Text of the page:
AFC Championship Recap And Analysis: Insider Knowledge Helped Baltimore Ravens Defense Shut Down Tom Brady and The New England Patriots

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AFC Championship Recap And Analysis: Insider Knowledge Helped Baltimore Ravens Defense Shut Down Tom Brady and The New England Patriots

Baltimore Ravens defensive coordinator Dean Pees knows the New England Patriots well and it showed in the AFC Championship game. Pees' defense frustrated Tom Brady and company all game long and held them scoreless in the second half, keying Baltimore's 28-13 upset.

Pees coached for Bill Belichick and the Patriots from 2004 to 2009. That included a stint as defensive coordinator. His insider knowledge of how to beat Brady and expertise with the defensive schemes learned under Belichick, were perfectly evident. The similarities were apparent in a gameplan that had all the hallmarks of Belichick's trademark scheming. It began with denying Brady and his prolific attack the big play.

It is a common misconception that Brady still directs an offense based on so-called "dink and dunk" passes. However, the Patriots real skill is manufacturing big gains against bewildered defenses. The Patriots' pass offense ranked fourth in the league during the regular season. Included in that stat were 57 completions of 20 yards or more, including eight of 40 plus. The Ravens first priority was to eliminate this quick-strike capability.

Pees did it with by implementing a disciplined deep coverage scheme. He used both safeties to take away the vertical zones. Having a true centerfielder like Ed Reed certainly helped. With Brady denied the deep routes, the next step was to clamp down on the underneath passing lanes.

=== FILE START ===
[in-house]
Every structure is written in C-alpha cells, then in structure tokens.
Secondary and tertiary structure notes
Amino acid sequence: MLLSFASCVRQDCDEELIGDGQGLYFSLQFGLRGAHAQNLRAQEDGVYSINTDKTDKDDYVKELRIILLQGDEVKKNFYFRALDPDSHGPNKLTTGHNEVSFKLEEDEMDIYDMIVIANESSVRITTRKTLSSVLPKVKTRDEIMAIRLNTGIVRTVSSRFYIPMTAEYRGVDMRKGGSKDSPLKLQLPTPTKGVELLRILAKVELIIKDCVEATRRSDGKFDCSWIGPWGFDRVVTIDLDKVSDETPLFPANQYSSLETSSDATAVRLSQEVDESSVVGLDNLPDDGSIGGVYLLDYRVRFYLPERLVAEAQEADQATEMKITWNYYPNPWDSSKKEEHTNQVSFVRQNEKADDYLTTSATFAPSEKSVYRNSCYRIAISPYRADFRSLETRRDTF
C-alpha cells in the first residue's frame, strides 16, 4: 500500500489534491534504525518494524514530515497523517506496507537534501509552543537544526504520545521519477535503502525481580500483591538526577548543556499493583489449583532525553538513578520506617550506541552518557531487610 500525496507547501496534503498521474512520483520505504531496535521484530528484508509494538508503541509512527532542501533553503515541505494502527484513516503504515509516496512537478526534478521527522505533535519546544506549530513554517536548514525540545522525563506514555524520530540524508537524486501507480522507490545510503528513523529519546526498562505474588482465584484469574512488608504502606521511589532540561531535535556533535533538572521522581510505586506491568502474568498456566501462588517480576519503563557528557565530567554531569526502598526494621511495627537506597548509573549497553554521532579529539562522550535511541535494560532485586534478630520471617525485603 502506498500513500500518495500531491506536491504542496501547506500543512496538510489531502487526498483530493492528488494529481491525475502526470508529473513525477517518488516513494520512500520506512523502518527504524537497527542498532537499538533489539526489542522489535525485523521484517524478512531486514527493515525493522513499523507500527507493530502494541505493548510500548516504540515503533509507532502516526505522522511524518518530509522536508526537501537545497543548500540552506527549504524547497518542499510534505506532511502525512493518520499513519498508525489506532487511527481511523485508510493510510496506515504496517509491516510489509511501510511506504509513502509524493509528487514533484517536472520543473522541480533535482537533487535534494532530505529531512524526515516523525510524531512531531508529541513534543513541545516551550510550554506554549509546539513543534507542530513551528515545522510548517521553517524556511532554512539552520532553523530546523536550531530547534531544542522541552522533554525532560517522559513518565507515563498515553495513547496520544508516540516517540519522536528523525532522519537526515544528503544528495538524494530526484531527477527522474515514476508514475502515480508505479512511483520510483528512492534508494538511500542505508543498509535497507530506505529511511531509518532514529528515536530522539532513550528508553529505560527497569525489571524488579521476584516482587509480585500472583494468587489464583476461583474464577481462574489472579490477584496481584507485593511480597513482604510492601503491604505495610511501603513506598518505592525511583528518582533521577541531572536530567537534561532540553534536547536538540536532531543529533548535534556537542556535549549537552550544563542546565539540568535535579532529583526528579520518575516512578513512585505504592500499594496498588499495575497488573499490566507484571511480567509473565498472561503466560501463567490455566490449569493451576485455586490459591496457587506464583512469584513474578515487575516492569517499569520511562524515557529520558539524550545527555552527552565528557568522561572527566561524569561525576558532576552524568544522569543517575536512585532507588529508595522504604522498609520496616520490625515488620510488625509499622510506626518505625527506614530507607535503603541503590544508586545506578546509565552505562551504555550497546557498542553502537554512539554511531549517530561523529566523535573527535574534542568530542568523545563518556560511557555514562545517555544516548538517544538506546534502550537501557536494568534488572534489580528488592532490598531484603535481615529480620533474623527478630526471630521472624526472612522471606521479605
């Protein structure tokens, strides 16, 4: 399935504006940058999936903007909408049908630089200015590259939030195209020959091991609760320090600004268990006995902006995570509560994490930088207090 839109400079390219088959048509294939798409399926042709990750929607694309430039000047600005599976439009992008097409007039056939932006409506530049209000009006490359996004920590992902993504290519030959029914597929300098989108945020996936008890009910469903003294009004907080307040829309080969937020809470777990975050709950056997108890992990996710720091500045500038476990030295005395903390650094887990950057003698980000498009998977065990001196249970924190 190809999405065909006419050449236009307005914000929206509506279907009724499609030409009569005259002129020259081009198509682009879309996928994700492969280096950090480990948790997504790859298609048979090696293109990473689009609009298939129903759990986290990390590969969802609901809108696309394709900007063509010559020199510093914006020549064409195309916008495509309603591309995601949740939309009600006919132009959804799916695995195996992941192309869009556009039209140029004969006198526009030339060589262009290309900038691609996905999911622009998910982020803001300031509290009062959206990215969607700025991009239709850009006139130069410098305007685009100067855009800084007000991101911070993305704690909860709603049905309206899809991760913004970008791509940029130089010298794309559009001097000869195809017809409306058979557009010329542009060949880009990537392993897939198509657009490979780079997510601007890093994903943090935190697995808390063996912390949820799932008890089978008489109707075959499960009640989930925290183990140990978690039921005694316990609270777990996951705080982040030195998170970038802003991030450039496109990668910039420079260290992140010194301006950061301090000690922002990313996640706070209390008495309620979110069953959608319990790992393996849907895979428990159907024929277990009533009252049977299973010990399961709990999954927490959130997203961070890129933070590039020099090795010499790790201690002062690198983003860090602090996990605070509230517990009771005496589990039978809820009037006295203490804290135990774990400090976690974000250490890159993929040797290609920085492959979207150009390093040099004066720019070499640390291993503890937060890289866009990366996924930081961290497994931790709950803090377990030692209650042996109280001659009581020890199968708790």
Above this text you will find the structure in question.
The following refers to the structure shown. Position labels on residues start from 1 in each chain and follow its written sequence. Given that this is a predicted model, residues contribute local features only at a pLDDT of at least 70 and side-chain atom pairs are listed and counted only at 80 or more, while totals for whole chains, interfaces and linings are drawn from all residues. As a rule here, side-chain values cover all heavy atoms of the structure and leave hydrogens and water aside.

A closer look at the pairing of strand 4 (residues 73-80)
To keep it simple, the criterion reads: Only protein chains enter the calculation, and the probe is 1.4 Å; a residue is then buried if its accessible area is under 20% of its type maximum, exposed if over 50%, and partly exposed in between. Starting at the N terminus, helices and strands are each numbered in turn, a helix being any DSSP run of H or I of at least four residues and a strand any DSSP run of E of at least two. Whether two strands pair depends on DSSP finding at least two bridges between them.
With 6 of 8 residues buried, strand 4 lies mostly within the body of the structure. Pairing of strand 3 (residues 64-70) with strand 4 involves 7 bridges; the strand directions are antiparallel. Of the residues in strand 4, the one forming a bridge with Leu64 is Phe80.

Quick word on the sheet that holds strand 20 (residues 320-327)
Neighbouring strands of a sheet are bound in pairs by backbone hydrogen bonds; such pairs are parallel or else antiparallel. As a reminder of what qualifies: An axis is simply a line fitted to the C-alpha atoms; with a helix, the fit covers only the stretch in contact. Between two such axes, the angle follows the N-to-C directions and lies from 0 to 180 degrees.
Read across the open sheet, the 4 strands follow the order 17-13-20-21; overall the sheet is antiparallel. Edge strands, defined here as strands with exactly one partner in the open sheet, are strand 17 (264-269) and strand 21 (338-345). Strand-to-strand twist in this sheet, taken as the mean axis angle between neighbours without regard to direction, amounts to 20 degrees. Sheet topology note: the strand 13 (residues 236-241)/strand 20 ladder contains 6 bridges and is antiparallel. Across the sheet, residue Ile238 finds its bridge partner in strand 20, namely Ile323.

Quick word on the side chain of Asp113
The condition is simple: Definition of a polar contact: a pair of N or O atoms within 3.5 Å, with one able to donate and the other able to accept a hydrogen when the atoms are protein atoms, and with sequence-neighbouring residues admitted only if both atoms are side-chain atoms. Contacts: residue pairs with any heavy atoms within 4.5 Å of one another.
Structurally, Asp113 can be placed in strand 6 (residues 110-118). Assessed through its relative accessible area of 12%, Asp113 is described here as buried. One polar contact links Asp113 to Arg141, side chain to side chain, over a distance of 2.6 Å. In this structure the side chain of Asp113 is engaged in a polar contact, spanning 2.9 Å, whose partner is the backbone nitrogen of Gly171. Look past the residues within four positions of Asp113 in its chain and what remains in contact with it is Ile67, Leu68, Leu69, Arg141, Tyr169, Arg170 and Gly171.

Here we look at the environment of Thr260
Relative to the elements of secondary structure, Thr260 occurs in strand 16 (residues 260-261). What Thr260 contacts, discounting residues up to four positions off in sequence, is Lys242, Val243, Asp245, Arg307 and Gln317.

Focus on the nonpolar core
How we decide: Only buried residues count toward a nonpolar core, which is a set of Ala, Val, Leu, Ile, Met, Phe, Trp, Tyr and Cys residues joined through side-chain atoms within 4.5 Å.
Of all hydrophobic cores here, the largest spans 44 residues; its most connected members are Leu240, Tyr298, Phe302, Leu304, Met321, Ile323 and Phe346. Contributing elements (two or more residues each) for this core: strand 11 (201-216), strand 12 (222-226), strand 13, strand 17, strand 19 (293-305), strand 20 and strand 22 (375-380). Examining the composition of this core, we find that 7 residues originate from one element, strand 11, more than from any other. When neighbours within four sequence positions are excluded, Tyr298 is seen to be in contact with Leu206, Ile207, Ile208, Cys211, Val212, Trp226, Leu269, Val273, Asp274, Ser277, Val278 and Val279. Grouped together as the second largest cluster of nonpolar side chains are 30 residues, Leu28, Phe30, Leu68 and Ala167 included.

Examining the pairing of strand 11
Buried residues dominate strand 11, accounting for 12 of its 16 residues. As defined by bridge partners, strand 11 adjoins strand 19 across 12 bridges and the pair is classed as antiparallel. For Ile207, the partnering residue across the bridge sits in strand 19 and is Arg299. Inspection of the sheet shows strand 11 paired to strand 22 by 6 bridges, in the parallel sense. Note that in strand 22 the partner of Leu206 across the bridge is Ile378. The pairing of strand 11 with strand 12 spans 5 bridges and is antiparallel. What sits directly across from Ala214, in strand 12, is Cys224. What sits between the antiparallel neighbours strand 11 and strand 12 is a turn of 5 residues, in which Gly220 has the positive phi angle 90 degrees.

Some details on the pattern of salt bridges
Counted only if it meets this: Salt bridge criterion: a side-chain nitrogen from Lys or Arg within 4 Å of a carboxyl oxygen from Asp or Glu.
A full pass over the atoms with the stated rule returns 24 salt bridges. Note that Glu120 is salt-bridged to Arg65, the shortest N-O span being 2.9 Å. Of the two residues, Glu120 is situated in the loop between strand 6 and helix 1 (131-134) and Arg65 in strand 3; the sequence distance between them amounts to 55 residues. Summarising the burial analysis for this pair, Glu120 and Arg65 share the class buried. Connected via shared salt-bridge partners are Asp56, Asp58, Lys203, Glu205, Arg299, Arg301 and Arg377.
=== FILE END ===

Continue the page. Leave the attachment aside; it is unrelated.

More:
To keep everything in front, Pees had his cornerbacks play in off-coverage techniques. They gave New England's receivers a small cushion. This prevented them from going deep and consistently restricted them to minimal gains. One of the things the Ravens did really well was limiting their short coverage drops to the first down markers. This meant the Patriots couldn't run their patterns beyond the sticks and were frequently tackled short of first down yardage.

The key element of the plan was to punish the Patriots receivers with fierce hits. Every New England pass-catcher paid a heavy price for hauling the ball in. This approach was similar to the gameplan Belichick used as defensive coordinator of the New York Giants, against the high-octane Buffalo Bills in Super Bowl 25.

Pees also succeeded in showing Brady some different pressures. The Patriots have excelled this season by overloading defenses with scheme. They have mixed the no-huddle with a standard tempo, to alter the pace of their attack. They have also split different players out wide to create favourable matchups.

Pees threw a dose of that scheming back at Brady and his offense. He attacked with some subtle zone-blitzes called at the right times. Pees sensibly blitzed the middle against the immobile Brady. Linebacker Darnell Ellerbe was a regular nuisance, as was Reed. The result was conisitent pressure on the pocket. Brady wan't brutalised the way he was by the Giants in two Super Bowls, but the Ravens never let him settle.

Pees' schemes worked superbly and stifled an attack that produced an NFL-best 557 points in 2012. The Patriots were a meagre seven of 15 on third down and averaged a measly 5.2 yards per play. By using a subtle a blend of disciplined coverage and sustained pressure, Pees upset his old team with the same tricks he learned in New England.